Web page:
A Student’s Quarantine Diary

This fictional quarantine diary will shed light on the everyday life of an imaginary student during an exceptional spring. Miikael Saksman from JYY looks at the support and services offered to students and ponders how they met with the worries highlighted by the student corona survey.

16.3. I feel somehow empty and numb, the government announced a state of emergency, what does it mean for the Uni to be closed? For how long? How about my studies? How do I get books from the library?

Feels like the whole society is screwed up, everyone’s hoarding toilet rolls, thankfully I bought some last week. How to deal with being alone and socially isolated? I can’t unwind chilling with my friends.

I remember how we spent the morning of 12 March planning the JYY annual festivities and the afternoon watching the government press conference while discussing postponing the same event. On Friday 13 March, we had one of the most interesting meetings. The meeting appeared in the calendar as “corona meeting”. In that meeting we thought about switching to remote work.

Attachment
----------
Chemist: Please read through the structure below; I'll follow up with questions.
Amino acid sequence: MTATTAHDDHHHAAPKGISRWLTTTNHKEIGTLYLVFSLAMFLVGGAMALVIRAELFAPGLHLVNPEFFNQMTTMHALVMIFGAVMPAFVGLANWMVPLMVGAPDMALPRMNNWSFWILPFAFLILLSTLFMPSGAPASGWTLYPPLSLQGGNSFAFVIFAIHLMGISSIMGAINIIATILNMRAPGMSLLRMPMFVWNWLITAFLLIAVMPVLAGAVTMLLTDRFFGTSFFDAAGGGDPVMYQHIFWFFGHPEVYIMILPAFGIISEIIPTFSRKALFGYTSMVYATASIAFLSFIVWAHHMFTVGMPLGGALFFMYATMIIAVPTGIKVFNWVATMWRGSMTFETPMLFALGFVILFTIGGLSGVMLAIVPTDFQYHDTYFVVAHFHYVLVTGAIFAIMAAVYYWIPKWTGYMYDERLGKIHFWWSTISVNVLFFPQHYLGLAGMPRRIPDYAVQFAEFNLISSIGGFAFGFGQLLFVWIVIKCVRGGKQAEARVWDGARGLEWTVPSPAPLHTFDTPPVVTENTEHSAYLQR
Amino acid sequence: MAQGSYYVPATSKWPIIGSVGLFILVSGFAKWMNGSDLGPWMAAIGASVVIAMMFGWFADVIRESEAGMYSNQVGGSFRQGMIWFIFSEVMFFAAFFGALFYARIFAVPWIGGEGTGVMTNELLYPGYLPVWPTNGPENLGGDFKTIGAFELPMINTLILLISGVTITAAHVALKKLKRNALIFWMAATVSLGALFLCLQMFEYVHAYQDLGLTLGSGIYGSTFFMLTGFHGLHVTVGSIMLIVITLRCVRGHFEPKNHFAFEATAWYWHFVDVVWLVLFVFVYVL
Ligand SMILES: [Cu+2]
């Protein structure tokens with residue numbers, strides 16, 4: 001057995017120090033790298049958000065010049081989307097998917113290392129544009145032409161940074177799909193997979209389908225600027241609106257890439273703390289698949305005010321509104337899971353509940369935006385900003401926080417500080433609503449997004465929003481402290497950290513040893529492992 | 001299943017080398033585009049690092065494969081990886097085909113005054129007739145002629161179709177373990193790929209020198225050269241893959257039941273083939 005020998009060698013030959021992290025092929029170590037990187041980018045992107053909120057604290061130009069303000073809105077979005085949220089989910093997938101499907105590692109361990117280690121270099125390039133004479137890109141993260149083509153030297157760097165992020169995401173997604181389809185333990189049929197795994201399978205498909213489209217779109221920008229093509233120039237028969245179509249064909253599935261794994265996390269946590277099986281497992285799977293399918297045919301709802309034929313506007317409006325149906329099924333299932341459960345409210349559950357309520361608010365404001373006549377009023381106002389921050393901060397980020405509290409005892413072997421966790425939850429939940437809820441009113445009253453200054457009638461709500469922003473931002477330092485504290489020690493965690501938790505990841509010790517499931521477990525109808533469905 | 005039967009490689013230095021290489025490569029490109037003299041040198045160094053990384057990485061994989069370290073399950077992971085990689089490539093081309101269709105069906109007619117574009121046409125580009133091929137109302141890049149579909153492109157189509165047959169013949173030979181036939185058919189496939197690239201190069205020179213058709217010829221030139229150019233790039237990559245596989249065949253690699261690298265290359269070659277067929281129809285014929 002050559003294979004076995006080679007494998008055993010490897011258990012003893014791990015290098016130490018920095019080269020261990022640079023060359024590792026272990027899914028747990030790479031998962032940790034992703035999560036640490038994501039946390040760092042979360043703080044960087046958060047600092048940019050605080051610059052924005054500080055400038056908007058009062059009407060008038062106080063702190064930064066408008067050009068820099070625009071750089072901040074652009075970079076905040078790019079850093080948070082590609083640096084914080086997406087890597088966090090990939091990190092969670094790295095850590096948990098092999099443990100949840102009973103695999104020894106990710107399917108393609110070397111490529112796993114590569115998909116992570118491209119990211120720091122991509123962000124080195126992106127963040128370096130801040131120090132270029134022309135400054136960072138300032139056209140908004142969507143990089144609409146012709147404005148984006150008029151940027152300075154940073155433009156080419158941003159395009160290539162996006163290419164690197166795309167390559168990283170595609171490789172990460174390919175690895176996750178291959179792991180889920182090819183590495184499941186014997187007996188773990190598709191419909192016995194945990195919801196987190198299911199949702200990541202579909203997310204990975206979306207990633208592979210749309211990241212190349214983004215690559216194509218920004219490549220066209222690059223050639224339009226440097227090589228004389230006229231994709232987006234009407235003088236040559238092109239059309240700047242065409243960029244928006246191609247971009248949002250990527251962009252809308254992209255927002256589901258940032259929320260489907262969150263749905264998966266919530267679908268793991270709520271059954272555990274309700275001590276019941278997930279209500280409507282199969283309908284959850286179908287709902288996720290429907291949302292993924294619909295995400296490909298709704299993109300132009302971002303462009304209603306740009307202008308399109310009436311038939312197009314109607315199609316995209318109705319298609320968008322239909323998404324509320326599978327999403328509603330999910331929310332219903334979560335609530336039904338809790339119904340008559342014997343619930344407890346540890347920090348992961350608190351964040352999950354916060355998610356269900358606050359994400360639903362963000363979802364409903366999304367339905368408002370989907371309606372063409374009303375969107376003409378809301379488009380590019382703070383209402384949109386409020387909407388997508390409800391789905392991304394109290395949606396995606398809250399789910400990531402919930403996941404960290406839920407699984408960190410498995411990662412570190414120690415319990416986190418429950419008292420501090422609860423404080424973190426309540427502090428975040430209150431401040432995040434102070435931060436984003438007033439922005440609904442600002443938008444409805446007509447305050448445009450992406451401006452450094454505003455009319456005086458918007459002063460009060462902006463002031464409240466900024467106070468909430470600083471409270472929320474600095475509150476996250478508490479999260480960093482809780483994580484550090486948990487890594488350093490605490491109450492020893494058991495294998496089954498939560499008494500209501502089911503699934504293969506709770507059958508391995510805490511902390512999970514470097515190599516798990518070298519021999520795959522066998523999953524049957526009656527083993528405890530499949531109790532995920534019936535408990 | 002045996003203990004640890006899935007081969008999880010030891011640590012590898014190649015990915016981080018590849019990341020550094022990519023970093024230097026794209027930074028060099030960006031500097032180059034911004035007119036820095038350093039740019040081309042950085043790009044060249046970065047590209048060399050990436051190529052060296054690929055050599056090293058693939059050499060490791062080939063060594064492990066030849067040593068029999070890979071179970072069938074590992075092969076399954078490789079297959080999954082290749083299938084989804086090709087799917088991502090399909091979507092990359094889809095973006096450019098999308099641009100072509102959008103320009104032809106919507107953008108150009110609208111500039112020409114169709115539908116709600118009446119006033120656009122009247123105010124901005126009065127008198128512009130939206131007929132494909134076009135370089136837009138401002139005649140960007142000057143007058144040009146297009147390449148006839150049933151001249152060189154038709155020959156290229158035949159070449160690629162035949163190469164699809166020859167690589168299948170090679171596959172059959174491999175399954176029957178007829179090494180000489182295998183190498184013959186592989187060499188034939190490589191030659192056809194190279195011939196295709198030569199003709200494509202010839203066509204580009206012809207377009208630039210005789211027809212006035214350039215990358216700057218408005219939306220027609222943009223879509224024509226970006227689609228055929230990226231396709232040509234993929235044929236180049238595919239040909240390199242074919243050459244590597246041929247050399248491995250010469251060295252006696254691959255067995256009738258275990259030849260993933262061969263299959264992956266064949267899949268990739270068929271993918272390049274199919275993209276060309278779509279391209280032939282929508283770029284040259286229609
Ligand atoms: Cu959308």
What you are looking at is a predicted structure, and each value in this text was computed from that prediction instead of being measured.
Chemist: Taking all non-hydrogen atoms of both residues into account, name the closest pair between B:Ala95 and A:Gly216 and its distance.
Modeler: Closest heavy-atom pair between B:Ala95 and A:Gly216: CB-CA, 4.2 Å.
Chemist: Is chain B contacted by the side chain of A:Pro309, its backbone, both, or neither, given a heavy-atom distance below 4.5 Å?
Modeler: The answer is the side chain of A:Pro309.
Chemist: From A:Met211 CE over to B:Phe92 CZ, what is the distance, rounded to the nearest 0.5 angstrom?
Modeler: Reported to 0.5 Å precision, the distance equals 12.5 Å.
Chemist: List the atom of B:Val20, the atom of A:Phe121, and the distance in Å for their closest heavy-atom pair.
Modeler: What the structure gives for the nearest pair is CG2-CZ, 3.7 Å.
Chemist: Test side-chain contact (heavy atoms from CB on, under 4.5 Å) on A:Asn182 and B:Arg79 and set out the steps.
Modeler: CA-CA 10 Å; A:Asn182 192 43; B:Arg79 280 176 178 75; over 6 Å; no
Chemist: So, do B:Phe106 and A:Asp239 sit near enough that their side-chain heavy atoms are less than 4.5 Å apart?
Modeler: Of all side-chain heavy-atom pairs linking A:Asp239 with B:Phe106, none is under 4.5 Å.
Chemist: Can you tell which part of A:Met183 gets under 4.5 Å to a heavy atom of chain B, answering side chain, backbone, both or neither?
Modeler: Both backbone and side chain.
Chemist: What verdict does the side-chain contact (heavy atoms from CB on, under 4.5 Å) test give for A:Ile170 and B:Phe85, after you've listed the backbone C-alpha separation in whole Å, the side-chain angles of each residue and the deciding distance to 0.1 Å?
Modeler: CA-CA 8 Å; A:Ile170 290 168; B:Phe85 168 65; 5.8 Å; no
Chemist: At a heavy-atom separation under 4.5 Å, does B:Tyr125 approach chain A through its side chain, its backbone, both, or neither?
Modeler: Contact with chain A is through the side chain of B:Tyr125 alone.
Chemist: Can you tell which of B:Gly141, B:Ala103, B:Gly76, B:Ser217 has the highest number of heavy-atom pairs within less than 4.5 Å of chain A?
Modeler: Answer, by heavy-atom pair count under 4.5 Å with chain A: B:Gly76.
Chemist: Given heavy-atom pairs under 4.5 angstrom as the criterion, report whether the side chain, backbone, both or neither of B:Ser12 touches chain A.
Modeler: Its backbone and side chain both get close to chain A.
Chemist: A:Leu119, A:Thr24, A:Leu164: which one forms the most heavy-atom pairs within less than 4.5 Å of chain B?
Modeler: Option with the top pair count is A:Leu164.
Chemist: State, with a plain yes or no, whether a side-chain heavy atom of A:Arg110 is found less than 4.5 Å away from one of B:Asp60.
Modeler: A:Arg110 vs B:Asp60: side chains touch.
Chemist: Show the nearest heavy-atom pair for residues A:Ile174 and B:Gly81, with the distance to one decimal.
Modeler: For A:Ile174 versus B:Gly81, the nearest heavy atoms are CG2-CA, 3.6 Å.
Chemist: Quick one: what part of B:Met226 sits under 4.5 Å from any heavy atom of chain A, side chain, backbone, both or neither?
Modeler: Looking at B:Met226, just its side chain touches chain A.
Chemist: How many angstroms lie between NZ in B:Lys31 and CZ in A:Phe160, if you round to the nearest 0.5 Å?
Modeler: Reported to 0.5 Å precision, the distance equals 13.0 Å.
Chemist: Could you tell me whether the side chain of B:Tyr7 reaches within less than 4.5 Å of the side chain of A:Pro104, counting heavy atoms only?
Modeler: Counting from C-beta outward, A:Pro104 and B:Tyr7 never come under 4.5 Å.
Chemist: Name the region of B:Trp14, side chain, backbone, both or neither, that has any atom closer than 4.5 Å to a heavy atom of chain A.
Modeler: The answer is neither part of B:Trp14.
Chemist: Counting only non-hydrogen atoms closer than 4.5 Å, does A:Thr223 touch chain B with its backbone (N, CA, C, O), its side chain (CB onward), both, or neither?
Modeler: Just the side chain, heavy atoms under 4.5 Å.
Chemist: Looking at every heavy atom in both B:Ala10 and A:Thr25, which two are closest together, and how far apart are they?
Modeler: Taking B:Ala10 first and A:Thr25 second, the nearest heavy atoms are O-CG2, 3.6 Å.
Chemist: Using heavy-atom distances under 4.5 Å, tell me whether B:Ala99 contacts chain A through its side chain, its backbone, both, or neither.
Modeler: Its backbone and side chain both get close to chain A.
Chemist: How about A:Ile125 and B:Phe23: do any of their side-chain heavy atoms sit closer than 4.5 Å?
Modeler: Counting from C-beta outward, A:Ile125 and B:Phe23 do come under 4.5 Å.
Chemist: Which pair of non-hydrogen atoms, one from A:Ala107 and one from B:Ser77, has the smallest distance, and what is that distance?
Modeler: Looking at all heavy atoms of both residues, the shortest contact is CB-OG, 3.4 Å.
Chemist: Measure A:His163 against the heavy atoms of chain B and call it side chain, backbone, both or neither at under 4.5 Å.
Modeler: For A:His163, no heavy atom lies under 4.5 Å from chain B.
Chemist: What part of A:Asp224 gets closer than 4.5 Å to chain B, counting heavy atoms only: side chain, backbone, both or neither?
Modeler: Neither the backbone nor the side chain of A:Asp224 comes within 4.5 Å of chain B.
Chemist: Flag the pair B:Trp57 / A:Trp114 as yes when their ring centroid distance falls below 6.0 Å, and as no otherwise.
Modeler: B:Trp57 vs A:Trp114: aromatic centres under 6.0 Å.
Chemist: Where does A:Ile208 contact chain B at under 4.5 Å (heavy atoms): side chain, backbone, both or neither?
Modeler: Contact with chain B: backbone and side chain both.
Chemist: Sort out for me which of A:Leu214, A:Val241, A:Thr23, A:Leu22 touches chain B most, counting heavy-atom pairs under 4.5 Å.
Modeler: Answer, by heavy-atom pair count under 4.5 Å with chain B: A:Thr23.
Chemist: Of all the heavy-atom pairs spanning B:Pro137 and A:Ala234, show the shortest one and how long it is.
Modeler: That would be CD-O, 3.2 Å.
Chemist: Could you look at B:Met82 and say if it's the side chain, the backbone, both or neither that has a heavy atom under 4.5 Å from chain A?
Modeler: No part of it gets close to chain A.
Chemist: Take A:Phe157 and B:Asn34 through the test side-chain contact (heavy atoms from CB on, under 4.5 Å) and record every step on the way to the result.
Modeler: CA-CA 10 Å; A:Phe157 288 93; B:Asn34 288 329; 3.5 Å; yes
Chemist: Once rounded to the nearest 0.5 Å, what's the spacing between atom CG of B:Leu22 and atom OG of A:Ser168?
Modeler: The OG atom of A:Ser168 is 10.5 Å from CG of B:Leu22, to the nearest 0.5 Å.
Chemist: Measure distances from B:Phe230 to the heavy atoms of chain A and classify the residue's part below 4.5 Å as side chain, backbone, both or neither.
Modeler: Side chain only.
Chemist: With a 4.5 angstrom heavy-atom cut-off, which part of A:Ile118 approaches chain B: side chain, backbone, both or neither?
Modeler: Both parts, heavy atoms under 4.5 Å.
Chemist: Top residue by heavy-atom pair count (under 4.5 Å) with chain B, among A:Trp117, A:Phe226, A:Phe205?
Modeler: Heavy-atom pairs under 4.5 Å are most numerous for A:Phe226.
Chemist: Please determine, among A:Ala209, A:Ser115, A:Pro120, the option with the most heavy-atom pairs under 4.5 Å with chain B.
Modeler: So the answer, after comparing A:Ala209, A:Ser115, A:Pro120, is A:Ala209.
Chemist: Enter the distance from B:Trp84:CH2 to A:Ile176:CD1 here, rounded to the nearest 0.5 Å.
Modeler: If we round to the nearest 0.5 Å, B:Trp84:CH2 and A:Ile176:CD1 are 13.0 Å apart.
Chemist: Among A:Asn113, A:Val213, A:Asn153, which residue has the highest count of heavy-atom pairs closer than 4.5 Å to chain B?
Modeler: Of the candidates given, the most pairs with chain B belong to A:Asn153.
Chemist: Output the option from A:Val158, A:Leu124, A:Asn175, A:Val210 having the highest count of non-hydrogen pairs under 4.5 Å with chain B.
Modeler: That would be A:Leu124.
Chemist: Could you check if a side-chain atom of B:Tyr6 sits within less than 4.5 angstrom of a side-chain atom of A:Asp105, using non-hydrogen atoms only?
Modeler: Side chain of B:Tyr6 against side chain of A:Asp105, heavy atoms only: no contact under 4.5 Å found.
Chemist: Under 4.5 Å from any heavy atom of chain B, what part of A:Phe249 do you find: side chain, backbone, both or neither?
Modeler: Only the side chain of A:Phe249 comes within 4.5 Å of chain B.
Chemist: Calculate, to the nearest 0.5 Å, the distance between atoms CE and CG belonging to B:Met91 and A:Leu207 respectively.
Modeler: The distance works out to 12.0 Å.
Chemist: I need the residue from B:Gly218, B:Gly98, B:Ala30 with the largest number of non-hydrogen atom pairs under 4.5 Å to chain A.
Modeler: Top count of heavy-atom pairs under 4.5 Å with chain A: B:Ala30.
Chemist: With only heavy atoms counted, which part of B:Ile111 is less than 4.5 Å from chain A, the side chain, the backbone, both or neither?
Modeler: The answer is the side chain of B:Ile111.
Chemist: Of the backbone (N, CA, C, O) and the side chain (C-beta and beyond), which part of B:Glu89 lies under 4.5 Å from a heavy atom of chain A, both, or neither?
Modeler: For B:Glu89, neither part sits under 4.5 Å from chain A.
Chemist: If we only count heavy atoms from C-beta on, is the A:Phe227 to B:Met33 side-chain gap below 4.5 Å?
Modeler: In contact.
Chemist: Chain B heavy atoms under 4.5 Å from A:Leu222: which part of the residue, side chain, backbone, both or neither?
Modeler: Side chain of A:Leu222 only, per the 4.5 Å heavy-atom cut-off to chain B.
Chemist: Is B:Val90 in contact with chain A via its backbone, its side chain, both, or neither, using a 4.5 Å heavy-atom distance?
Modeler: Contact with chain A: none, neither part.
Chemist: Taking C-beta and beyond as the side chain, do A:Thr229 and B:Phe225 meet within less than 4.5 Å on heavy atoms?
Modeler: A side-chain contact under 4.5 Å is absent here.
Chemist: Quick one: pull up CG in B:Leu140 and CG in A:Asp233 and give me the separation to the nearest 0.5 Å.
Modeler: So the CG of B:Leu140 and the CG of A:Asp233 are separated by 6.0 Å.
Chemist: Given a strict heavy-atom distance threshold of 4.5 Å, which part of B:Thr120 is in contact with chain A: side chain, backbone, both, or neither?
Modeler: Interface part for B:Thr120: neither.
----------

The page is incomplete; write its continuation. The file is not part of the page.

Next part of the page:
When the state of emergency was entered, we at the JYY office decided not to get paralysed, but roll our sleeves instead and start collaborating with the community to make students’ lives easier. The state of emergency came as a total surprise to me. I wasn’t too worried about my own studies, but I worried about the health and wellbeing of both myself and those close to me.

19.3. Righto, JYY fired a corona survey into our inboxes. Nice that they want to know how we’re doing. I offload big time: library, solitude, devices. I wonder how to keep studying and getting credits as some of my courses have been cancelled.

In spring, JYY must’ve been the first one in the HE field to fire a shot in the corona survey game. It’s worth blowing our own trumpet as this was pitch perfect. That form gave students the chance to express their worries and it allowed us to get an overview of what worried them. We relayed this to the University to raise awareness and so that they could do their part in sorting things out. Looking back, I think we should be proud of the way we managed to solve almost all the major problems highlighted by the survey.